UN Global Compact Network Canada Leads Action within Canadian Businesses to represent Canada’s Collective Diversity for Equitable Economic Empowerment
This year’s theme for Gender Equality Week mirrors the growing diversity and intersectionality of Canada’s population whilst also embodying principles of ‘unity’ and collectivism as it re-defines the term ‘gender equality’ to reflect the current diverse landscape. It is pertinent to acknowledge that any systemic barriers that exist to prevent diverse representation of individuals in the public or business sector in Canada, are not solely a result of ‘gender’ inequality. Rather, biases can be rooted and formed in the backdrop of a plurality of intersectional attributes together with ‘gender’, such as, ‘sexual orientation, racial background, level of education and exposure to Canada’. As such, 2023’s theme encourages the need to view these attributes in tandem, without isolation, to comprehend where gaps exist that hinder building a fair country with a strong inclusive economy. The national vision to drive gender equality is attested in the legislature that forms bedrock of the integral subject, such as the Canadian Human Rights Act, Canadian Charter of Rights and Freedoms and for specifically for the business sector, the Employment Equity Act, Pay Equity Act, Canadian Gender Budgeting Act, and Canadian Labour Code.
Gender Equality Week this year focuses on a cohesive, united approach to gender inequality, particularly how it affects specific communities more than others, i.e., low income, 2SLGBTQI+, Indigenous, people with disabilities or other minority groups. This intersectional approach parallels the ethos and vision of the United Nations Global Compact, an entity that is uniquely positioned to support companies across the globe in aligning their operations, strategies, and business conduct to foster responsible business conduct, using collaborative benchmarks and progression-based framework such as the Ten Principles focusing on human rights, labour, environment and anti corruption and the Sustainable Development Goals (SDGs). In Canada, the Local Network Canada marks its tenth year in 2023, it is focused on furthering gender equality in the Canadian Business Sector in alignment with SDG 5: Achieve Gender Equality and Empower All Women and Girls, SDG 8: Promote Inclusive, Sustainable Economic Growth, Full and Productive Employment and Decent Work for All, SDG 10: Reduce Inequality Within and Amongst Countries.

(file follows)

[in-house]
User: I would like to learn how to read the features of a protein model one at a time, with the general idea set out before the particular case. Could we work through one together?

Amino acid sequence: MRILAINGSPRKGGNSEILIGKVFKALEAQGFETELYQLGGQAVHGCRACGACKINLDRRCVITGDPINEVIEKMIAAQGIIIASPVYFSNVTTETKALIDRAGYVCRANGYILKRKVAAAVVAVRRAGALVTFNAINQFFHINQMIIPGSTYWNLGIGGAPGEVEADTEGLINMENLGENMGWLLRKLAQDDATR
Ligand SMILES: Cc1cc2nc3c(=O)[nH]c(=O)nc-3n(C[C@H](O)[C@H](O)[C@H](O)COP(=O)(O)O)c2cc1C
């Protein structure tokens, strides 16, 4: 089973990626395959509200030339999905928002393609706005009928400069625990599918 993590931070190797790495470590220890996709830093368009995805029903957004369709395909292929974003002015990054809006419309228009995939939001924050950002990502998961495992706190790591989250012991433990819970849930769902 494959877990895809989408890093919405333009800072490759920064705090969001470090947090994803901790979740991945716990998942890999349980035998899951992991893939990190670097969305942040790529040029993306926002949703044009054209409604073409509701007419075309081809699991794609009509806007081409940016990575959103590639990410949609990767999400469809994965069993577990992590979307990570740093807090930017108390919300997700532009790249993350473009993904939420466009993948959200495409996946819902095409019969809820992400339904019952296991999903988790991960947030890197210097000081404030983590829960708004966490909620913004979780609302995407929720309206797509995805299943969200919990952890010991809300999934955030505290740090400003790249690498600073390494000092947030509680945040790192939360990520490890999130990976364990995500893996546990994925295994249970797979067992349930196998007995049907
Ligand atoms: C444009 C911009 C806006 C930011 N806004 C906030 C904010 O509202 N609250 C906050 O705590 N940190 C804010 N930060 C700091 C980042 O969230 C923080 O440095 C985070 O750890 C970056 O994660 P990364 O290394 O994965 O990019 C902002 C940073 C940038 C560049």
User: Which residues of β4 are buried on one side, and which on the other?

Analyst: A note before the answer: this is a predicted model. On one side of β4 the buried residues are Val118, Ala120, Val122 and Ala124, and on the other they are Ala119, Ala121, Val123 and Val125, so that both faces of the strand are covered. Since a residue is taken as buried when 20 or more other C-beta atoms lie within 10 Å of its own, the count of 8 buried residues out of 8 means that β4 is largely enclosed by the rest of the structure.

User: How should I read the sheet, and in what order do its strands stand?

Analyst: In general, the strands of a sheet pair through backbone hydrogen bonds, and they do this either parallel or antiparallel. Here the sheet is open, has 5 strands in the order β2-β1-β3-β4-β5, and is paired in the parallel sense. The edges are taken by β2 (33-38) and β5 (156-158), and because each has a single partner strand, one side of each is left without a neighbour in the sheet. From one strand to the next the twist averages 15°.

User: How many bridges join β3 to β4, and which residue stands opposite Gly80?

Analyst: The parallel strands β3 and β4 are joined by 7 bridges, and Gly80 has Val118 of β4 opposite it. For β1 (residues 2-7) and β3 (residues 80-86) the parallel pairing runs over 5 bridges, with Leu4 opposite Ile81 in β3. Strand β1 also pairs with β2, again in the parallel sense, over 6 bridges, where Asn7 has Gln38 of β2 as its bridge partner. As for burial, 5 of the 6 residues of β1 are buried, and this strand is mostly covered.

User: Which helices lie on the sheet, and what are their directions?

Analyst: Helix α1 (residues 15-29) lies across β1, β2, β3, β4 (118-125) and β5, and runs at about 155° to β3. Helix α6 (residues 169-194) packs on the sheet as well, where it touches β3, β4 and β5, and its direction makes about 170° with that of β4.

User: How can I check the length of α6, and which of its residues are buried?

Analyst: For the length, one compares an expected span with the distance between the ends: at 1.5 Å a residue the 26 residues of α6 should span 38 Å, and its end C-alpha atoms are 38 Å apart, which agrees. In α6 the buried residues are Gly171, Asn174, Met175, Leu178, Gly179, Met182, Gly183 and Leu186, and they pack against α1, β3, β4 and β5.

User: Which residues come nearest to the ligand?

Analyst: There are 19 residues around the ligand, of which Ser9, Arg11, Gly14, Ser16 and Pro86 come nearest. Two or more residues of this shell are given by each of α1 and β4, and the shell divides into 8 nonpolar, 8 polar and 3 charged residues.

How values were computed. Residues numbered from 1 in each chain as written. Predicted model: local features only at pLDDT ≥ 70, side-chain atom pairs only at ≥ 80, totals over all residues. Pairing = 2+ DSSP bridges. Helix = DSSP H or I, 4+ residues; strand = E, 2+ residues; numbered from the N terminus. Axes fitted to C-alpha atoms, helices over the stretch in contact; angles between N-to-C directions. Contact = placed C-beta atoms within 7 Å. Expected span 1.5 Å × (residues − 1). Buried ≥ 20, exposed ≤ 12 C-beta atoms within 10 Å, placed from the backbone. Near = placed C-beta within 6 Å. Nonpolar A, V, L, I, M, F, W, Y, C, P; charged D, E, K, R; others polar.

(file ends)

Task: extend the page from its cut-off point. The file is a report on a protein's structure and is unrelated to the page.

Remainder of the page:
In the last year, the UN Global Compact Network Canada has made massive strides as a ‘leader’ in driving radical action to address ‘gender equality’ through a lens of equity, inclusion and diversity, catering to gender equality in underrepresented groups through several projects. In 2021, it received funding from the Government of Canada (Innovation, Science, and Economic Development) to implement the ‘50-30 Challenge - The Future is Equal: Enabling Ecosystems of Support in Canada”.
The “50-30 Challenge” is a landmark initiative with an action driven approach to include intersectionality in ‘gender equality’. Setting representation targets for organizations that sign up to be ‘Challenge Participants’ to include in their board of directors and/or senior management roles: 1) 50% women/ non-binary people; 2) 30% inclusion of underrepresented groups (gender, non-binary, racialized, visible minorities, people with disabilities, LGBTQI2S+, and Indigenous peoples).
Currently, over 2000+ Canadian businesses (small, medium, large) have signed and pledged to meet the diversity targets. The UN Global Compact Network Canada in collaboration with the Canadian Centre for Diversity and Inclusion, has designed free capacity building workshops for Challenge Participants, for both EDI practitioners and leadership. UN Global Compact Network Canada will offer services such as designing EDI policies and organising cross industry learning groups, encouraging sharing of tools, experiences and best practices for practical implementation of gender equality.
Gender Equality for Canadian Businesses in 2023 – The Critical Way Forward
Leveraging public, private and not for profit partnerships is key in 2023, as evidence supports that each sector has their own expertise to contribute. The public sector needs to ensure that demographic statistics and labour market needs are published to forecast employment needs. Canadian businesses need to develop EDI strategies which focus on recruitment, form ERGs, design policy/procedures, initiatives and share best practices. The not-for-profit sector and academia (in the case of the 50-30 Challenge, the ecosystem partners), need to develop case studies evidencing progress and evaluative assessments to measure effectiveness of organisational EDI practices. In the growing diverse demographic landscape in Canada, it seems redundant to still ask why gender equality as it relates to underrepresented communities is integral.
Conversely, the impact of the Canadian business sector not being or hesitant to incorporate EDI principles in employment and labour policies could be severely negative. The result of non inclusion of diverse groups and gender equality could mean that the growing economic recession could outlive its life expectancy as resistance to cultural innovation would mean limited growth, massive unemployment of underrepresented groups and newcomers to Canada could trigger a lack of faith in the system, and more racial and income disparity would follow. While the benefits are still easier to harness at this point, and can be done with partnerships within the private, public, and academic sectors.
Written by Shanul Kazi (she/her/hers), Project Implementation Specialist – 50-30 Challenge, UN Global Compact Network Canada
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